How Not to Write
I used to keep a book on my shelf to remind myself how not to write. The book, call it Stricken, consisted of a collection of essays on the author’s recent widowhood. She had written it perhaps too soon after her husband’s death.
It had all the hallmarks of a person drowning in grief: narrative without insight. The opposite of emotion recollected in tranquility. The contents of her husband’s pockets were recorded. Where he had hung his pants on the day he died. That ten months after his death she could not wash the pants. There was a lot of crying.
If she had been my friend, I would have sat on the couch next to her, visited the shrine of the pants and the items in the pocket and paid deference to the departed husband. But as reader, I was impatient. I longed for insight, for meaning.
I am appalled by my harsh judgment, but in my defense, it is trial enough to live through the death of a loved one. If I am going to read about it and be called upon to dredge up those harrowing feelings, I want something back for my investment.
Alchemy: When Meat Becomes Pig
The best writers alchemize, forging insight and meaning from experience and observation. Essayist E. B. White lived on a farm in mid-coast Maine, where he raised animals for slaughter. But when a particular pig sickened, White found himself nursing the very animal he had planned to ax. And eat.
In “Death of a Pig”, White chronicled his battle to save the pig as a battle against mortality itself. When the pig died, White grieved. “The loss we felt was not the loss of ham, but the loss of pig,“ he wrote. (Maybe this pig inspired his children’s book, Charlotte’s Web.)
If the essay were “How I Lost My Ham Dinner,” I wager we wouldn’t read far. The same criterion applies to novels: Readers hunger for meaning, for a reason to read. Stakes is one aspect of meaning in novels.
To alchemize, to deliver the stakes, the writer must first find the proper emotional distance. Zadie Smith has a knack for this. In the first line of “You Are in Paradise”, she writes, “If you are brown and decide to date a British man, sooner or later, he will present you with a Paul Gaugin.”
Put myself in her shoes, and I am enraged. My boyfriend reduces me, conflates me with naked brown girl in the jungle with clothed white man watching? Seriously? My boyfriend?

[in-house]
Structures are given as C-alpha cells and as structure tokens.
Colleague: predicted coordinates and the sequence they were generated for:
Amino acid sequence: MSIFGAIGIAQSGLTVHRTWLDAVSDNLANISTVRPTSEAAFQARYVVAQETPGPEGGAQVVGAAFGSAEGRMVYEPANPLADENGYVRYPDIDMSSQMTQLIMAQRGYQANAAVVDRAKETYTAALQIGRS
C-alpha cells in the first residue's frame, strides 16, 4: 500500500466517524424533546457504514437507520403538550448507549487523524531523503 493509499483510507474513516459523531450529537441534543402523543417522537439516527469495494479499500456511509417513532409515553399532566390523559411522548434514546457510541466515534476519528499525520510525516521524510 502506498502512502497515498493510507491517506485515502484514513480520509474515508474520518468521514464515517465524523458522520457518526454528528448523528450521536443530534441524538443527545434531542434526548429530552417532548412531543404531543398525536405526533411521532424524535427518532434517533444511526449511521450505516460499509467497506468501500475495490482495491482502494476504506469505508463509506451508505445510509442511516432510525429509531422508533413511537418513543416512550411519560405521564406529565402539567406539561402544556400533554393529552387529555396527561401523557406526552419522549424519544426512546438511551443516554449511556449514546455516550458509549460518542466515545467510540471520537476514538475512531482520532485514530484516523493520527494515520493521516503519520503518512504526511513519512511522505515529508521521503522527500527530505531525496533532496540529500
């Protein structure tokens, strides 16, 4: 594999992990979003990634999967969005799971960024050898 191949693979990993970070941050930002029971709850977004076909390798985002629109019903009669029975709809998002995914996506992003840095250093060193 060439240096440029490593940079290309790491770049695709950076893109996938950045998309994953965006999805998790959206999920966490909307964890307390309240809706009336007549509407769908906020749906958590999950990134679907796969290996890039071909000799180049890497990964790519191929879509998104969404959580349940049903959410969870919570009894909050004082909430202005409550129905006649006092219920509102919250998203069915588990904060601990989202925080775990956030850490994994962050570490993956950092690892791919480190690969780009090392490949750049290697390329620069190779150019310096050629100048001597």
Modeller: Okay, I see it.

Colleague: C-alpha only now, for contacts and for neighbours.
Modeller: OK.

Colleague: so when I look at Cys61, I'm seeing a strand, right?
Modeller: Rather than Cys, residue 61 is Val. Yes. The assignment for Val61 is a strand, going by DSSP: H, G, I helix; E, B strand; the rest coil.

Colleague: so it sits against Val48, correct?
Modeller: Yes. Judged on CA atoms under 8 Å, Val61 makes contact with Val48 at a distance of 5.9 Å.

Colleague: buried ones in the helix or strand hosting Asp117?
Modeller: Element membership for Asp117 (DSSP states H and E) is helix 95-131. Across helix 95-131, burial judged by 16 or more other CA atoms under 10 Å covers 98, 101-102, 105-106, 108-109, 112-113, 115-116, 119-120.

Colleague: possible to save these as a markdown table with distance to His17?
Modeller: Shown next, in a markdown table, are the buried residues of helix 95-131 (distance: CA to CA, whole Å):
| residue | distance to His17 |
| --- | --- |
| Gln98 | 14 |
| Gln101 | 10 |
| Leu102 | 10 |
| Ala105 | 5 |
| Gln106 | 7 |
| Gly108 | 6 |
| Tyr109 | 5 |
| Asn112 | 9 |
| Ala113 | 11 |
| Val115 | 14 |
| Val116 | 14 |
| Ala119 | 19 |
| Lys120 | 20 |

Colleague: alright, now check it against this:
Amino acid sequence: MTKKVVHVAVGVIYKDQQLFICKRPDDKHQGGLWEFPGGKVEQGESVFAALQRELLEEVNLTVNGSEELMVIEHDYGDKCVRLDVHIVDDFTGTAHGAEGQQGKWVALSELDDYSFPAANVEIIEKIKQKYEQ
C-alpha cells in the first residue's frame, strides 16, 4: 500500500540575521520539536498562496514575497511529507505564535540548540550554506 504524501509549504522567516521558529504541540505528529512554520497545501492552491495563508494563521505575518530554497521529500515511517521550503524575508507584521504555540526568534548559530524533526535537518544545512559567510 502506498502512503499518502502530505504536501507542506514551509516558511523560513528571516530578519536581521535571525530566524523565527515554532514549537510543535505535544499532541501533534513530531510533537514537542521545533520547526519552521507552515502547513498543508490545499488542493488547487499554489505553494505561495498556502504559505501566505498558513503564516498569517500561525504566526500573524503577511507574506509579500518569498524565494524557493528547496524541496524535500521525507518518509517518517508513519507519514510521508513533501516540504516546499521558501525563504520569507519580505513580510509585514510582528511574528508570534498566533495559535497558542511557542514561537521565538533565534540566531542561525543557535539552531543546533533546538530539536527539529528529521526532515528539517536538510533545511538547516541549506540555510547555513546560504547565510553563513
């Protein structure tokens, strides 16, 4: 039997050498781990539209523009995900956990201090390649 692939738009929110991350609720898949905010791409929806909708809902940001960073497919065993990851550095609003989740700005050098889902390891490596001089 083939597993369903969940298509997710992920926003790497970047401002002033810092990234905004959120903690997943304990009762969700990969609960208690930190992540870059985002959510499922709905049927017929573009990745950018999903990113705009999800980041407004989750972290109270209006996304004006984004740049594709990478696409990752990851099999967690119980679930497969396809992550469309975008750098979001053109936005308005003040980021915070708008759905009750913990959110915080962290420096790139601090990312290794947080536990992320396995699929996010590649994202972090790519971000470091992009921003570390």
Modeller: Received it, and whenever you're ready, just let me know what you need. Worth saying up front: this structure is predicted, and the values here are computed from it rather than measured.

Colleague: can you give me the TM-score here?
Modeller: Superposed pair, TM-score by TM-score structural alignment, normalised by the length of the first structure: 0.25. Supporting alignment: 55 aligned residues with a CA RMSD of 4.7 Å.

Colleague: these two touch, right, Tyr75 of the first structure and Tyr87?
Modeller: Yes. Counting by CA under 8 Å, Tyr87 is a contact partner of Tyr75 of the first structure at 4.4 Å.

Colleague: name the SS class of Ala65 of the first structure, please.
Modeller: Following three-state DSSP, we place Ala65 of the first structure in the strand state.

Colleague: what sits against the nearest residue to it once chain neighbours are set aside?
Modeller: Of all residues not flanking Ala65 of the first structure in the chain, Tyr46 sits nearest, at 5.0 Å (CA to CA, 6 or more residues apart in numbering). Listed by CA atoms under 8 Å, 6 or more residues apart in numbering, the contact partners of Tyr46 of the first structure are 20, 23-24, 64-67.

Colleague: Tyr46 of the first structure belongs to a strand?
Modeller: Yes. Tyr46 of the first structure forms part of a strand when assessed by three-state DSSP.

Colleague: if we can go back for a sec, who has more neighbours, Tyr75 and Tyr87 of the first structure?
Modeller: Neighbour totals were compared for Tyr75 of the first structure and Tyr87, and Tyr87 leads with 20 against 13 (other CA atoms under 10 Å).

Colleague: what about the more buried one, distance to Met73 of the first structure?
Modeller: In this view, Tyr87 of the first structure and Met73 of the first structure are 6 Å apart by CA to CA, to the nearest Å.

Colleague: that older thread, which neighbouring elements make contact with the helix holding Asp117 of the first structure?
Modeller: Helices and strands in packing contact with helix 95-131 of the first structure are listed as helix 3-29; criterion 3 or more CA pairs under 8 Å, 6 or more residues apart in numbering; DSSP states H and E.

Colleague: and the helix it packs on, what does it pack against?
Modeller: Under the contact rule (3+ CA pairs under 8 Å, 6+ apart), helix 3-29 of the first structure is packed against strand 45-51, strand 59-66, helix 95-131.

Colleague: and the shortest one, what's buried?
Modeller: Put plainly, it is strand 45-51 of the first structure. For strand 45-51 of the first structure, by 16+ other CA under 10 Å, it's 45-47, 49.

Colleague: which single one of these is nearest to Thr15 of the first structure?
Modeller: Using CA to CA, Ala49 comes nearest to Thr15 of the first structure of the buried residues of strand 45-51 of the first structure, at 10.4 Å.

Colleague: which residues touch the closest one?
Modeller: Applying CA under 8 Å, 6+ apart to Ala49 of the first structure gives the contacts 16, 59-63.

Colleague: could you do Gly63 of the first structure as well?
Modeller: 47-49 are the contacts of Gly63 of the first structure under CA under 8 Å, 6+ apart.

If she had begun with justified fury, she would have lost many readers. But because Smith is funny and coolly devastating at once, I will go on any field-trip with her.
The more emotional the topic, the more dispassionate the tone might be a rule of thumb for authors. The very opposite of what we would likely feel in real life. Novelist Jeffrey Eugenides establishes this distance in the first line of The Virgin Suicides.
“On the morning the last Lisbon daughter took her turn at suicide—it was Mary this time, and sleeping pills, like Therese—the two paramedics arrived at the house knowing exactly where the knife drawer was, and the gas oven, and the beam in the basement from which it was possible to tie a rope.”
If Eugenides were writing about lumber—or a pig–he would have had a different challenge: to invest the lumber (or pig) with emotion. But he was writing about the most emotional of topics—five suicides, all teen girls, sisters from a single family. Therefore restraint was not only in order, it was crucial.
Imagine if The Virgin Suicides began with not a recitation of facts but weeping and pounding hearts. Our natural reaction is often to withdraw from intensity of feeling. A certain distance, accompanied by the particular detail—a beam suitable for hanging say—and we are drawn toward the prose. Nature abhors a vacuum.
It’s the same trick with cats. Chase and he will flee. Sit, read and he will, warily, approach. He might even settle onto your lap and purr.